Posted on March 21, 2017 by Sarah Winter Whelan
The “skinny budget” outlined by President Trump last week is surely light on one thing: full funding for the nation’s premiere ocean management and protection agency, the National Oceanic and Atmospheric Administration. Are the proposed cuts a directed target given NOAA’s work on climate change impacts or just a casualty of a war against a federal government perceived as inflated by the current administration? We might never know exactly why the President’s skinny budget wants to shave off close to one billion dollars of NOAA’s budget, but what we do know is there is already a concerted resistance coming from ocean conservationists, ocean-friendly businesses, ocean users, ocean lovers, ocean scientists and even members of Congress.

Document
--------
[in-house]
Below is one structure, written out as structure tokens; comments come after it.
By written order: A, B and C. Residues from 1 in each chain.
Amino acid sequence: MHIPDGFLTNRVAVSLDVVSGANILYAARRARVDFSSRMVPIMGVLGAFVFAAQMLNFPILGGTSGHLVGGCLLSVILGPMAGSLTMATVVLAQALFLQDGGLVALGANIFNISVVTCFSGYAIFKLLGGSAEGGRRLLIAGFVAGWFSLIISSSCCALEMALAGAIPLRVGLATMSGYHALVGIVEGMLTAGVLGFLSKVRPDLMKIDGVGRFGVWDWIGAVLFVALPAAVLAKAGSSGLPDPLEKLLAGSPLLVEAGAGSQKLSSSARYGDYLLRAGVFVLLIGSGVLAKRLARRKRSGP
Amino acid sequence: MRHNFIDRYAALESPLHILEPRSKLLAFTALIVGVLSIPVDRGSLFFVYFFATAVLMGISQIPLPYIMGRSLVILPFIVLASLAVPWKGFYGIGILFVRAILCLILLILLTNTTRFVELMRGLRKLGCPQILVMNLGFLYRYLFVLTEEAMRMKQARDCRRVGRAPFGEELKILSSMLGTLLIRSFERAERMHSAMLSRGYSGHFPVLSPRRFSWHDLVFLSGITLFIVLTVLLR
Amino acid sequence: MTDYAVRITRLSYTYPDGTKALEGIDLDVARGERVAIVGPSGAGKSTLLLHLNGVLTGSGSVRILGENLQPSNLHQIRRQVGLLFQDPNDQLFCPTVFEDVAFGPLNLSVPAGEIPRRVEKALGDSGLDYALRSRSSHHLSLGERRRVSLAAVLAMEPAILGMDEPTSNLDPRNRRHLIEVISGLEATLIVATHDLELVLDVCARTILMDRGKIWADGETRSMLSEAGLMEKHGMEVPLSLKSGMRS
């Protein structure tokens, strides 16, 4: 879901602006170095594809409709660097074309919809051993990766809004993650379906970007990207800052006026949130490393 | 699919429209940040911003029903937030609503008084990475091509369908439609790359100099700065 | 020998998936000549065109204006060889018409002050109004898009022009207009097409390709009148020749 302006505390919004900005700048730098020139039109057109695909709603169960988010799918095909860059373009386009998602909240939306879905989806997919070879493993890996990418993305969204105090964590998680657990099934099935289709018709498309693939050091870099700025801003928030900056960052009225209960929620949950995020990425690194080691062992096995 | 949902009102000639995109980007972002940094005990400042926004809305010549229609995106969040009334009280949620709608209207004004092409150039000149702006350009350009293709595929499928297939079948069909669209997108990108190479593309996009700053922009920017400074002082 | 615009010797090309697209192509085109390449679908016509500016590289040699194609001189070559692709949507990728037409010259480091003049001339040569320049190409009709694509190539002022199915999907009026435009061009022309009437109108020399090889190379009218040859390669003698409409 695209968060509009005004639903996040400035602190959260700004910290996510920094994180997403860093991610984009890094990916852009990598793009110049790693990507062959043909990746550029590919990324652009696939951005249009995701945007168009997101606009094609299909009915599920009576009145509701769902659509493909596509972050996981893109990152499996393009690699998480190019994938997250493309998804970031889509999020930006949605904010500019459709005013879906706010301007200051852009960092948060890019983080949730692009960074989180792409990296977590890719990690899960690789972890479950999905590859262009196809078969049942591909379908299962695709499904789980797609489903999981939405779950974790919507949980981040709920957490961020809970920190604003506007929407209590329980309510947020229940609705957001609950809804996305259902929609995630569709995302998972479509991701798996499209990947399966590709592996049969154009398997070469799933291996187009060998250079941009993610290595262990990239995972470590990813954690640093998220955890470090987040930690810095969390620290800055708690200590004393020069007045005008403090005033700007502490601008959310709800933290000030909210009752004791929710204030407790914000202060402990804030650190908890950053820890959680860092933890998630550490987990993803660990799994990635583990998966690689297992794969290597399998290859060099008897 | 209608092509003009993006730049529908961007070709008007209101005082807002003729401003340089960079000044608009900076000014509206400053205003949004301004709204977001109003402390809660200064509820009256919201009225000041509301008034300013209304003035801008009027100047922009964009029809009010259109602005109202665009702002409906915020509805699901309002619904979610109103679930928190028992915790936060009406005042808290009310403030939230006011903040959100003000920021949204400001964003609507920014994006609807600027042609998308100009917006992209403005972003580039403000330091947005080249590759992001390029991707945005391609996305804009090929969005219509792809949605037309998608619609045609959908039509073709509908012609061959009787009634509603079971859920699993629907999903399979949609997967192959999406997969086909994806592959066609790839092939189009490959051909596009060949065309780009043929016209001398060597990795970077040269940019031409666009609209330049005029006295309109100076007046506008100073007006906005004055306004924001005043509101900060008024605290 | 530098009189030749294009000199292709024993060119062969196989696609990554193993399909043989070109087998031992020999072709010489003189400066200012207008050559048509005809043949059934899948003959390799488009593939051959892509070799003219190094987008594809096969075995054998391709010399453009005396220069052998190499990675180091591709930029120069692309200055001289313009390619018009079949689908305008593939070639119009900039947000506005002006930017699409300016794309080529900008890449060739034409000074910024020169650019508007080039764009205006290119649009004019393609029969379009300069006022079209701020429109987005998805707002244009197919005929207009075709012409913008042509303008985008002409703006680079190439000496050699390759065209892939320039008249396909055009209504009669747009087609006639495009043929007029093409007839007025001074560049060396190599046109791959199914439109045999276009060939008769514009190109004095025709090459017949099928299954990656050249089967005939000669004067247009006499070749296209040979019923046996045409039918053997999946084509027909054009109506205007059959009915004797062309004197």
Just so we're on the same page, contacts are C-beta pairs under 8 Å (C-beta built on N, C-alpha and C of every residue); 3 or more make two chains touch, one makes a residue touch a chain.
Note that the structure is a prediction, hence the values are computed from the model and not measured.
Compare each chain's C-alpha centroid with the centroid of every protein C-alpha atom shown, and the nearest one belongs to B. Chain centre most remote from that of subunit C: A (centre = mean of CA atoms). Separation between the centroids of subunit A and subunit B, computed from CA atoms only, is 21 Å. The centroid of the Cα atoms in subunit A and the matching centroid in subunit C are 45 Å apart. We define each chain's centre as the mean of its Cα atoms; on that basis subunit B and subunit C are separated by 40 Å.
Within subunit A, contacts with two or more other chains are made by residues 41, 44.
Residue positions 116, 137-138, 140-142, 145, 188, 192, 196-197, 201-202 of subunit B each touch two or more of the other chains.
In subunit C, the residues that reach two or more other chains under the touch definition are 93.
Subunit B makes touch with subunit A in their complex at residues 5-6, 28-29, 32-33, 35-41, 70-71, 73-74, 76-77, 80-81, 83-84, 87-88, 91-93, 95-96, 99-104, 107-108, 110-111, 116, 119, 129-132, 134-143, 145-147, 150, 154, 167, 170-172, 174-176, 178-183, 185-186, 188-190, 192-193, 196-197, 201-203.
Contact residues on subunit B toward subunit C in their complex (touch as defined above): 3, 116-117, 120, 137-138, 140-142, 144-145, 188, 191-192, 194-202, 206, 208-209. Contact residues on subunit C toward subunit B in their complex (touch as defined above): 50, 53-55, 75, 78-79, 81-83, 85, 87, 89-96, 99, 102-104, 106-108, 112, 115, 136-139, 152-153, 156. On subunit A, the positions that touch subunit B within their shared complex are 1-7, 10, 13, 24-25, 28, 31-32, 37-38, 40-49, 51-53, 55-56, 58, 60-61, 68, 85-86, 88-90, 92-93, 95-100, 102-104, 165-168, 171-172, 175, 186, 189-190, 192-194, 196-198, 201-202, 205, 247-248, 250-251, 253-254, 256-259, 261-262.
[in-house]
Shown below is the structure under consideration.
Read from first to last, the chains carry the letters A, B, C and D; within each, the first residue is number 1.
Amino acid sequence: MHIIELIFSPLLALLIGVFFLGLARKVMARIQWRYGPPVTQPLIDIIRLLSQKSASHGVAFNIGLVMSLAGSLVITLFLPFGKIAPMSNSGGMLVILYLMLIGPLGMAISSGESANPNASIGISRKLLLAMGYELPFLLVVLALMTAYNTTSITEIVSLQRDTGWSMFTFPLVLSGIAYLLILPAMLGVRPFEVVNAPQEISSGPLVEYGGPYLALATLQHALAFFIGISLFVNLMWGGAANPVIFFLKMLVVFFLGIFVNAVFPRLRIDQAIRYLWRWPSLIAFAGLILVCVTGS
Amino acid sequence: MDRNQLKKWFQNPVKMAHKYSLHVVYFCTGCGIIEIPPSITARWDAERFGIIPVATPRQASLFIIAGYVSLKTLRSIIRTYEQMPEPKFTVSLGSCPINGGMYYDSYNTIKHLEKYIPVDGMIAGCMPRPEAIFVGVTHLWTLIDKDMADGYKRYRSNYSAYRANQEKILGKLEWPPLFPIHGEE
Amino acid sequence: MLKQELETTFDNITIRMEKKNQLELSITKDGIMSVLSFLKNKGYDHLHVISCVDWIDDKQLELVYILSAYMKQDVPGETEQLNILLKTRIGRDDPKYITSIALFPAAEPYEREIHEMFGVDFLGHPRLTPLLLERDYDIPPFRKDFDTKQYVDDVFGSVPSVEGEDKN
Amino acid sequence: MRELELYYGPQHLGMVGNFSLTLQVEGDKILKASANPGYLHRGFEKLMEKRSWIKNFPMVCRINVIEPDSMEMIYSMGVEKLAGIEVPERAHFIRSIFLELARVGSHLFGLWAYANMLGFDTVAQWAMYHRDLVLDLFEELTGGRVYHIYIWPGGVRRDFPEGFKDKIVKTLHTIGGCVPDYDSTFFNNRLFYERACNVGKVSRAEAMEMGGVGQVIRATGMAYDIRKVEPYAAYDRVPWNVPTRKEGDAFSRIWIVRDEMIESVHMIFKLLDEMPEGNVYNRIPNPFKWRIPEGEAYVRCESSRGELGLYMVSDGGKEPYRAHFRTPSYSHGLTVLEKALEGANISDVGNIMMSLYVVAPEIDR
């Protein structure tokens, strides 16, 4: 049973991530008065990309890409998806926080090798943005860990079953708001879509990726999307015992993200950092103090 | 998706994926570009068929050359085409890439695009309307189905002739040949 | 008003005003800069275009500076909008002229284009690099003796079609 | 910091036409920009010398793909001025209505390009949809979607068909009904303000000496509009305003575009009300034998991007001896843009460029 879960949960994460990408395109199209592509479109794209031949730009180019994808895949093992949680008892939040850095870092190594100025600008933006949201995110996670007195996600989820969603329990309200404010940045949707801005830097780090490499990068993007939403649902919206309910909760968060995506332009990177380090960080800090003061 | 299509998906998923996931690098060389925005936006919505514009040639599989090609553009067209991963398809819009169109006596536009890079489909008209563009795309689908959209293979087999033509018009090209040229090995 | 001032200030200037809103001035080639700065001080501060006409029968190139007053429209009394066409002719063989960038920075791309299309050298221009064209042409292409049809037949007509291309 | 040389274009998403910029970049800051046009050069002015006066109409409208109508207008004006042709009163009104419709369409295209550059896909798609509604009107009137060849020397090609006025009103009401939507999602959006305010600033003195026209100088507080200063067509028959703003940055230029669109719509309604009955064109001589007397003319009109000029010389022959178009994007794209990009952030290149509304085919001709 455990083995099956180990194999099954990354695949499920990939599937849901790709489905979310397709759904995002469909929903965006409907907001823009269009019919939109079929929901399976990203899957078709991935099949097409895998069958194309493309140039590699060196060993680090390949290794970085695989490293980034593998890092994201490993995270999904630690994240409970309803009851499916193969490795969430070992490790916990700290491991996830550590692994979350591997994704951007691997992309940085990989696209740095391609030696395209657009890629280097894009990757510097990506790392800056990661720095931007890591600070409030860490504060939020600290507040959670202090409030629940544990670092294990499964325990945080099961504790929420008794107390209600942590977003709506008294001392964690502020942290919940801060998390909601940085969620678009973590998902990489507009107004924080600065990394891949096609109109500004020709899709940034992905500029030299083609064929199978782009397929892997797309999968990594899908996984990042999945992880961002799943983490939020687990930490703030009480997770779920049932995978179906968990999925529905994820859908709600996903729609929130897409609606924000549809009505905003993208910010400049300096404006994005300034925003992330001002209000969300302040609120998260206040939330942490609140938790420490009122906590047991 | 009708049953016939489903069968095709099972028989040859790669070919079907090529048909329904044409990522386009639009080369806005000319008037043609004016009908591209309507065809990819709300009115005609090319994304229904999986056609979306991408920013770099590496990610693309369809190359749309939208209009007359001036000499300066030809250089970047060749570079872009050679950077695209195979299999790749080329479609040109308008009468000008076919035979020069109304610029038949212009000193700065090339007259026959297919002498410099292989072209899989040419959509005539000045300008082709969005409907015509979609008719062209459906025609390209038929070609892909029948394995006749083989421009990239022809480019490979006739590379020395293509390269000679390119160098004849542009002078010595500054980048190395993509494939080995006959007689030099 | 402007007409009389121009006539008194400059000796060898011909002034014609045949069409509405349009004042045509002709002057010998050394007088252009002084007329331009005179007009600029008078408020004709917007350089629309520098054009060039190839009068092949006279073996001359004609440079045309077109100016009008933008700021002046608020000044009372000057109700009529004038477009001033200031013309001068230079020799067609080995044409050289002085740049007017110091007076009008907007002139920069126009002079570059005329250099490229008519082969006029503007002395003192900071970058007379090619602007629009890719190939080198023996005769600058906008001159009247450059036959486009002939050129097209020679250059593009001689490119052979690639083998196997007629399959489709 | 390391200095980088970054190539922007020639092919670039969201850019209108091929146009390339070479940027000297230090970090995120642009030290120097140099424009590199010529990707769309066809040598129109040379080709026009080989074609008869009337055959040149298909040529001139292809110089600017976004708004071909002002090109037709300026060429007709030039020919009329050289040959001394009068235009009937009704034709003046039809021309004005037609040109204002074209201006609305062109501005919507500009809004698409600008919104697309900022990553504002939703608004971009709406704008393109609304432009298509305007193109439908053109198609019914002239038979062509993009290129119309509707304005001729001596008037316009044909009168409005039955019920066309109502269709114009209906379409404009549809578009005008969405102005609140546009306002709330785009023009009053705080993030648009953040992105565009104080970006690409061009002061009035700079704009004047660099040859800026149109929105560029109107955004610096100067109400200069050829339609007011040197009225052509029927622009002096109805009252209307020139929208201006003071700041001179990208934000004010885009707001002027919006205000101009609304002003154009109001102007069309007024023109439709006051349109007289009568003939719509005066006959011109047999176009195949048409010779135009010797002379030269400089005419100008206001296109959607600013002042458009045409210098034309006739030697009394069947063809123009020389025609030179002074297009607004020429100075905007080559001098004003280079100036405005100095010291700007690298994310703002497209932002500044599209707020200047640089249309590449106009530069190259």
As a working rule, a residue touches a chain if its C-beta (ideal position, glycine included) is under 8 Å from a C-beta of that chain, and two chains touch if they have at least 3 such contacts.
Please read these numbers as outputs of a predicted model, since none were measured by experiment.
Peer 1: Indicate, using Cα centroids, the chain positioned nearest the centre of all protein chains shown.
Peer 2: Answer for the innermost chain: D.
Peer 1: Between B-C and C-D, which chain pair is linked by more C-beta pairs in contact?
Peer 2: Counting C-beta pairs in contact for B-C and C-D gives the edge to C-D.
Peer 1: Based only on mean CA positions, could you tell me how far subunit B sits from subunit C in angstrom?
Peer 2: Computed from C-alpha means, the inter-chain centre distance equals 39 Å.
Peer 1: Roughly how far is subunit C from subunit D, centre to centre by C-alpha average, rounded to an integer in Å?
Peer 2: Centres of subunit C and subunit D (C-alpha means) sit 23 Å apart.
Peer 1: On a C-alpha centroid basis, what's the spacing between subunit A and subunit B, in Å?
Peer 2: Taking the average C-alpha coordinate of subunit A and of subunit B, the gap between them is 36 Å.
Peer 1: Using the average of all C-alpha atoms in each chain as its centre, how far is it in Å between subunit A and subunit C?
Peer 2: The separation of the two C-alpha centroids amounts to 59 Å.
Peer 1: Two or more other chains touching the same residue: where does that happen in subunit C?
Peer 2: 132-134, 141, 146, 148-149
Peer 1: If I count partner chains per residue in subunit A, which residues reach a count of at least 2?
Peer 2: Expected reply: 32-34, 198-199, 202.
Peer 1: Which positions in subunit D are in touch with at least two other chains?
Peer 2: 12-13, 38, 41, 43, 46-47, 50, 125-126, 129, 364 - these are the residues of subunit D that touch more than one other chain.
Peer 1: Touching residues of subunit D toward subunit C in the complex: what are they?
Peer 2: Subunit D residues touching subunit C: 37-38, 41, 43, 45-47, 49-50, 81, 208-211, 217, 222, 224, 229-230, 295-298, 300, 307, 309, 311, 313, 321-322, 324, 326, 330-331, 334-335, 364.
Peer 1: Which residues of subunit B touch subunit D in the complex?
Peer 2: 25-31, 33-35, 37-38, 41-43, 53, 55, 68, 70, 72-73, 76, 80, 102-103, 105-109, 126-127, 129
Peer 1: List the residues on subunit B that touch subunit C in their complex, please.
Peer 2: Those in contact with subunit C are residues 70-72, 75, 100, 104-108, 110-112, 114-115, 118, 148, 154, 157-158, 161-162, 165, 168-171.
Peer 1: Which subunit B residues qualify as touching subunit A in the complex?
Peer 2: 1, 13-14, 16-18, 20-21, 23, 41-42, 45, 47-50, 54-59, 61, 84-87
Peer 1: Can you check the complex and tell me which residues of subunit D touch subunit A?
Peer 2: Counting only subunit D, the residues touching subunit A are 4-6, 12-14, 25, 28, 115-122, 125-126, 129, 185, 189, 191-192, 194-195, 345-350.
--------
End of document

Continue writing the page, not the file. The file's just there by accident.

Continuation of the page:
This letter is an incredible statement by so many that NOAA’s work is OUR work and we will not let that funding go without a fight. For instance, one program slated for elimination is the National Sea Grant program. Dollar for dollar, Sea Grant, which partners with state universities on research and outreach, is an incredibly efficient and valuable program:
The elimination of Sea Grant serves as one example of several poor choices made in seeking to tighten NOAA’s budget. But if this reaction by those who depend on a healthy ocean for their livelihoods, is any indication, Congress will have a battle on its hands. I have always been struck by the saying “a rising tide lifts all the boats” made popular by President John F. Kennedy. I would like to pose the idea that this rising tide of grassroots support for NOAA’s important work just might be what is necessary to lift all the boats NOAA needs to function.